The Laundry Layers of Life

I was doing laundry a few days ago and after washing one load, I promptly transferred it over to the dryer, threw another in the washer, and then got busy doing something else. Forty minutes later, the dryer beeped, signaling the end of its cycle, and I opened the door to find a twisted ball of sheets and towels.

I know better, I thought, as I began unwinding the mass, tossing several pieces back in for another spin. I’d learned a long time ago that forgetting to stop the dryer mid-cycle to separate bedding always results in an outer layer of perfectly dry sheets and an inner core of still damp wash cloths and pillow cases.

I was annoyed as I started the dryer for a second go-round. I hate wasting time and I just wanted to check this task off my to-do list as quickly as possible and move on. But now I was stuck, my progress impeded by something I could have easily prevented. I almost laughed when I thought about the irony. About how much time in my life I’ve spent treading water, stuck in old patterns that weigh me down because I get too busy to address them.

A good example is how I’ve been writing for years without really gaining much momentum on anything, until several months ago when I met a couple of very wise, very honest women who taught me that moving forward often requires looking inward. And by taking the time to do so, I uncovered a number of deep-seated fears that had been hindering me from reaching my writing potential.

I know how easy it is to get wrapped up in the rush of life. To run on automatic and assume that the aches and pains we carry from the past will somehow take care of themselves in the future. But I’ve also come to understand that personal growth is a lot like that load of sheets and towels. That if we don’t periodically stop and peel off the layers in order to evaluate those things that get caught deep down inside of us, they will eventually hold us back.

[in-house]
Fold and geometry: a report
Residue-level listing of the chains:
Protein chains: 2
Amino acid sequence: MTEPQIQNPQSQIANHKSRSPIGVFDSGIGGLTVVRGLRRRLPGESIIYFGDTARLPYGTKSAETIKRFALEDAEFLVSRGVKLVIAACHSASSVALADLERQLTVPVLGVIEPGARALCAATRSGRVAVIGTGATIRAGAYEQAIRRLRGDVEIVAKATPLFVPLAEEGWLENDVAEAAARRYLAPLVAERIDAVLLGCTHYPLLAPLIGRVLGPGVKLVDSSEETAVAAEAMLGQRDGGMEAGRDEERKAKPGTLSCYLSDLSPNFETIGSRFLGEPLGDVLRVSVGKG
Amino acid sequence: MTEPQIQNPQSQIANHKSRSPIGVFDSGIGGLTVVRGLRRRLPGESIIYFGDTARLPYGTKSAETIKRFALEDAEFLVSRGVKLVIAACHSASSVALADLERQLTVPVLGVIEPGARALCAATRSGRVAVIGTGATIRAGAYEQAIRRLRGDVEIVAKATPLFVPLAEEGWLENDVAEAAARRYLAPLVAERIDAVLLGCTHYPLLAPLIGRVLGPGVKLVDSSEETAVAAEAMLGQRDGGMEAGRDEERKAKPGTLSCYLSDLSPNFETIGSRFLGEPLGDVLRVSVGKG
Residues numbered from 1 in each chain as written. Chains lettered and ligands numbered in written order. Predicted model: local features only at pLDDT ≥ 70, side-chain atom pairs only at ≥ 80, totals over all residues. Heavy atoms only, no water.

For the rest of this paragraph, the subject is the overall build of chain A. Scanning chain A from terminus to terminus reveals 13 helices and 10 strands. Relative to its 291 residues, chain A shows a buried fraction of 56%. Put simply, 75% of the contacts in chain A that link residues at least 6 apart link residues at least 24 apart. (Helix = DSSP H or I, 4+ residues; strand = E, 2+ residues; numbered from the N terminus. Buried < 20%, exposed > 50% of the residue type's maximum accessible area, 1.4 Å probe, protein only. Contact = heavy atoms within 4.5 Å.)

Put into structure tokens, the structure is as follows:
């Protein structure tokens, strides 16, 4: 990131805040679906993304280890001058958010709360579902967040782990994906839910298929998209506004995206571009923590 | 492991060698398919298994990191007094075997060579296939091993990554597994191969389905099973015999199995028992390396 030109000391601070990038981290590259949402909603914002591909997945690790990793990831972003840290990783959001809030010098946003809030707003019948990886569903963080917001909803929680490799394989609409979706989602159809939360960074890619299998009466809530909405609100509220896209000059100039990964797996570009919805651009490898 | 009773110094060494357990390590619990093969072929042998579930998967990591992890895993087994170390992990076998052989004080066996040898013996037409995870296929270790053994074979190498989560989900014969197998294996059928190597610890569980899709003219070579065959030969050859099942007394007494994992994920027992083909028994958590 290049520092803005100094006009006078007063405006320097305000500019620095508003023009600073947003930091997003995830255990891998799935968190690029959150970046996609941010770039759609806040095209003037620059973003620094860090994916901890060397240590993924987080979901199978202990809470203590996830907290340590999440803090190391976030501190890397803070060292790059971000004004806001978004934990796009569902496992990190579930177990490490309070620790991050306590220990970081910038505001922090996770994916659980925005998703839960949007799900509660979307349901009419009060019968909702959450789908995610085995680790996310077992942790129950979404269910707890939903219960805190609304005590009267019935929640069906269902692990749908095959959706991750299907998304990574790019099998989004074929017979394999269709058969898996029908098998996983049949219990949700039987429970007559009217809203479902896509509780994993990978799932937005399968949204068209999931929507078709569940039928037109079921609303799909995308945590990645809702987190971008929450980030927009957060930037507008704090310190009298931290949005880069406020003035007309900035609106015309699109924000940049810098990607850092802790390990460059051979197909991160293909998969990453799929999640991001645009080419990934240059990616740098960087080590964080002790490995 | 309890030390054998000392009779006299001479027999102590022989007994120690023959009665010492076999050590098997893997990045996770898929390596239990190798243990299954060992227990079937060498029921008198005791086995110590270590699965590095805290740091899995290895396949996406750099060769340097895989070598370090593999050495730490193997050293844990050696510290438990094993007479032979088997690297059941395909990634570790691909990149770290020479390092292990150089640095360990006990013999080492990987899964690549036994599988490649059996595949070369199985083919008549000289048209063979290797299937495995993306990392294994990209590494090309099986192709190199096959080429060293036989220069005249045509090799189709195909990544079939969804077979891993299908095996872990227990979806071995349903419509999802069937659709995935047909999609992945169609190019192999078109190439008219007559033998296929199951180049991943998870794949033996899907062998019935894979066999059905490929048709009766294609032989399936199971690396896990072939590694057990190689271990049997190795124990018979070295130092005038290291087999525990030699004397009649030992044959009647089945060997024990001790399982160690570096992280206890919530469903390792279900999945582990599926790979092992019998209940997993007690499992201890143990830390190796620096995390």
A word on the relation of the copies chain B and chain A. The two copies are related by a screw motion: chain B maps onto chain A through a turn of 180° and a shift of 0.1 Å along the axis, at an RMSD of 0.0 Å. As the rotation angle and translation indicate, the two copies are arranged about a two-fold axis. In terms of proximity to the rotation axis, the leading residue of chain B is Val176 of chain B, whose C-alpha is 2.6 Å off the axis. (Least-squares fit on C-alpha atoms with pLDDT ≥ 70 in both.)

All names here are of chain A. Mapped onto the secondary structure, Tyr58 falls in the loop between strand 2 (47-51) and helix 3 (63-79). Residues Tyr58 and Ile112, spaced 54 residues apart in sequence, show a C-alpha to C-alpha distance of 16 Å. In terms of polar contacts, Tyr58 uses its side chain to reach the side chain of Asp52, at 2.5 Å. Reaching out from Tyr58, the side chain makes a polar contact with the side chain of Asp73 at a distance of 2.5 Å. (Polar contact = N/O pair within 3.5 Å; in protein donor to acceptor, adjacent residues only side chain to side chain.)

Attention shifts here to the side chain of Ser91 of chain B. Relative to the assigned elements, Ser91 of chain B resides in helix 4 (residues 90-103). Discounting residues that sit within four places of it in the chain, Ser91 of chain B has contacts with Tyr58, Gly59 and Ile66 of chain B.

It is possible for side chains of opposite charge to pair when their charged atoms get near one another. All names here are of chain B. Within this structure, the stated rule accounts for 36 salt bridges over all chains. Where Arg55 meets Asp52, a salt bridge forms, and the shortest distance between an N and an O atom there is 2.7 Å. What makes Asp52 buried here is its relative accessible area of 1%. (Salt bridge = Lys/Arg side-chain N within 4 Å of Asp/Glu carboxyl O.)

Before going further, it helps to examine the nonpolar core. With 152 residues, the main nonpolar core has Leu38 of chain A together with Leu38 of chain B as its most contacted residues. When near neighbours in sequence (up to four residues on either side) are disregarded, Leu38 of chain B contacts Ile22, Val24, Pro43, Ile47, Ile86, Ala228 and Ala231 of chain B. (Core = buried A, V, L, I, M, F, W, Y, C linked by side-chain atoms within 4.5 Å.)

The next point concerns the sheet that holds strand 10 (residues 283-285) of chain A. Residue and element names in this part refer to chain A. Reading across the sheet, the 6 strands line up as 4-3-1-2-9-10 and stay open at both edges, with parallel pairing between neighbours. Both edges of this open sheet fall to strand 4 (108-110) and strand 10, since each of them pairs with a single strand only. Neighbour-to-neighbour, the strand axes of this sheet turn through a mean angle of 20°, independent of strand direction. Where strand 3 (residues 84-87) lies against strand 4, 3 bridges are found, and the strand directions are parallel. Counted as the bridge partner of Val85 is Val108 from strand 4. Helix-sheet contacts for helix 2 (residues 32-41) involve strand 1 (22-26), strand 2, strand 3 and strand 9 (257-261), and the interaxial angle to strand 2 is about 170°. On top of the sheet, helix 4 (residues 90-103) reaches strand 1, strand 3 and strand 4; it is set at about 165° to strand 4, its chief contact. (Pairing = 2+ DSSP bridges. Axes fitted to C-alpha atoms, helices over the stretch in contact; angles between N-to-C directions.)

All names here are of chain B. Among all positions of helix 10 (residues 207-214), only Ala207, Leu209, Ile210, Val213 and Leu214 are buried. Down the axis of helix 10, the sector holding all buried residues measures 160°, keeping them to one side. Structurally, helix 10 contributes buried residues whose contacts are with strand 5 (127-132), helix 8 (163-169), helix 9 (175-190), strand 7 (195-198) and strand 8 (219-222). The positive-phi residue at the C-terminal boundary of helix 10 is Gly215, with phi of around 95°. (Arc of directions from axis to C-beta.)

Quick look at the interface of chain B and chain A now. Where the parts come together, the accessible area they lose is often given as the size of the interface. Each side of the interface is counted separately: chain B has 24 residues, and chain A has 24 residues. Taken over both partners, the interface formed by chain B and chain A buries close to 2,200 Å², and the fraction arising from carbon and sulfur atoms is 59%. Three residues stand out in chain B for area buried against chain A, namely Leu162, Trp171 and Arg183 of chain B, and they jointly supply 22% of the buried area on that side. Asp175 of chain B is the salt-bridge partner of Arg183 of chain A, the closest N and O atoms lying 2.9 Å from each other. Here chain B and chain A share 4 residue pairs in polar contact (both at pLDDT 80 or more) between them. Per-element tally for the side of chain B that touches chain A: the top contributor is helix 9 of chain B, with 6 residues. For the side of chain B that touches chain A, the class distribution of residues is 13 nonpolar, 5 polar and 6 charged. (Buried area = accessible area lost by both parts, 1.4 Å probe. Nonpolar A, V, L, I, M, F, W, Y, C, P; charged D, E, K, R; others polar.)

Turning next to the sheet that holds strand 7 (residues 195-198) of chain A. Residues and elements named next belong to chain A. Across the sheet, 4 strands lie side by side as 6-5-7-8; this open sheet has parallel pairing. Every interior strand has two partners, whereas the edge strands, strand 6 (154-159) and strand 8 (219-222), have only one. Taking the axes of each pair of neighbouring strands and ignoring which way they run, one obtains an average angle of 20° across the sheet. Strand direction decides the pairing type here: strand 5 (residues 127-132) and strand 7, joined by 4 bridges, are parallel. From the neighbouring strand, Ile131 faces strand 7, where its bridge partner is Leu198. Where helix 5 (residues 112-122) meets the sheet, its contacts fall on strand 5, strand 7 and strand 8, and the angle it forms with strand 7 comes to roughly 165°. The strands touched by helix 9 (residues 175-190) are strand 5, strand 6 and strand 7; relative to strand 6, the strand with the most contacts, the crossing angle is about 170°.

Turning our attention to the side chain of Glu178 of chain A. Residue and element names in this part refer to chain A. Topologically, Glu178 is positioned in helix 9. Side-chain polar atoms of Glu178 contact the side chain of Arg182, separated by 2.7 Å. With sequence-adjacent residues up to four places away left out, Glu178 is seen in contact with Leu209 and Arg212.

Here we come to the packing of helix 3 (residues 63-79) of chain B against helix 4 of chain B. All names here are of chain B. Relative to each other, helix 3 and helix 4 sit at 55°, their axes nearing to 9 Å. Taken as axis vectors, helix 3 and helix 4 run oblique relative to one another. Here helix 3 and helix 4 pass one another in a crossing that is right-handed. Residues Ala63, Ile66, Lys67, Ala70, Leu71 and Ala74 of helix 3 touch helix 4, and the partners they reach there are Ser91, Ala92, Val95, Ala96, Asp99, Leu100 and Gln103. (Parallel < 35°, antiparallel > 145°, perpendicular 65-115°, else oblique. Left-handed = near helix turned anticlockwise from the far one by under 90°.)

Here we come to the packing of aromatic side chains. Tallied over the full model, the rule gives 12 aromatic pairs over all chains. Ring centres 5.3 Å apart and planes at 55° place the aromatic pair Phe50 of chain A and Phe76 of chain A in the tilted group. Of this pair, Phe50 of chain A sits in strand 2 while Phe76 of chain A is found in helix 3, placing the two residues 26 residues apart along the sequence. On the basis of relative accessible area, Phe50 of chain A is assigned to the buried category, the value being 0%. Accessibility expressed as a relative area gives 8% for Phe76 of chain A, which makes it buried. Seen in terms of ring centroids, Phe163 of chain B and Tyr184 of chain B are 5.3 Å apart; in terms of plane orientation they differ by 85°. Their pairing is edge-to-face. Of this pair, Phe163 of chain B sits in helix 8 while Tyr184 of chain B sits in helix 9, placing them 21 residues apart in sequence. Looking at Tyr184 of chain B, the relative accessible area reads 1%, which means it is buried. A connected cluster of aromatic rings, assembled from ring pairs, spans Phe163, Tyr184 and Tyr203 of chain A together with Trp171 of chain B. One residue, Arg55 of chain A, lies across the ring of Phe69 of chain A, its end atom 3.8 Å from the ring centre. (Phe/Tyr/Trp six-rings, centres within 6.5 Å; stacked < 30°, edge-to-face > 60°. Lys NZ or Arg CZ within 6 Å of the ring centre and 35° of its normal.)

So, if you’re a writer who’s been rewriting the same paragraph for three weeks or three months or three years. Or you need to drop fifty pounds, but you’re trapped on a repeating cycle of losing and regaining the same ten. Or even if you just feel a vague sense of dissatisfaction with your life. I encourage you to look past the surface to what’s really going on underneath. Somewhere, beneath the accumulation of twisted up emotions that you’re clinging to, is the YOU God made you to be. Be courageous, dear friend, and go find her.

The Power of Connection

I was weirdly affected by Luke Perry’s passing earlier this week. I say it’s weird because he was a celebrity and I’m, you know, not. I didn’t know him, had never met him, and aside from his roles on Beverly Hills, 90210 and 8 Seconds, I’m not even all that familiar with his work. Nevertheless, there it was, this inexplicable sadness rising from the pit of my stomach as I read the news.

I wondered if I was upset because I’d never actually gotten over my dream to one day marry him. But no, that wasn’t it. I’d long since given up on those Teen Beat magazine inspired fantasies. I pondered whether it was his birthdate—just four months removed from my husband’s—that bothered me and although I had consciously made note of that date, there seemed to be something more.

I thought about the years when I sat in front of the TV each week, watching his life unfold as bad boy Dylan McKay and I realized that was it. I wasn’t mourning the death of this ‘90s heartthrob actor with whom I fell madly in love as a scrawny pre-teen, I was mourning the loss of the girl I was when I fell in love with him.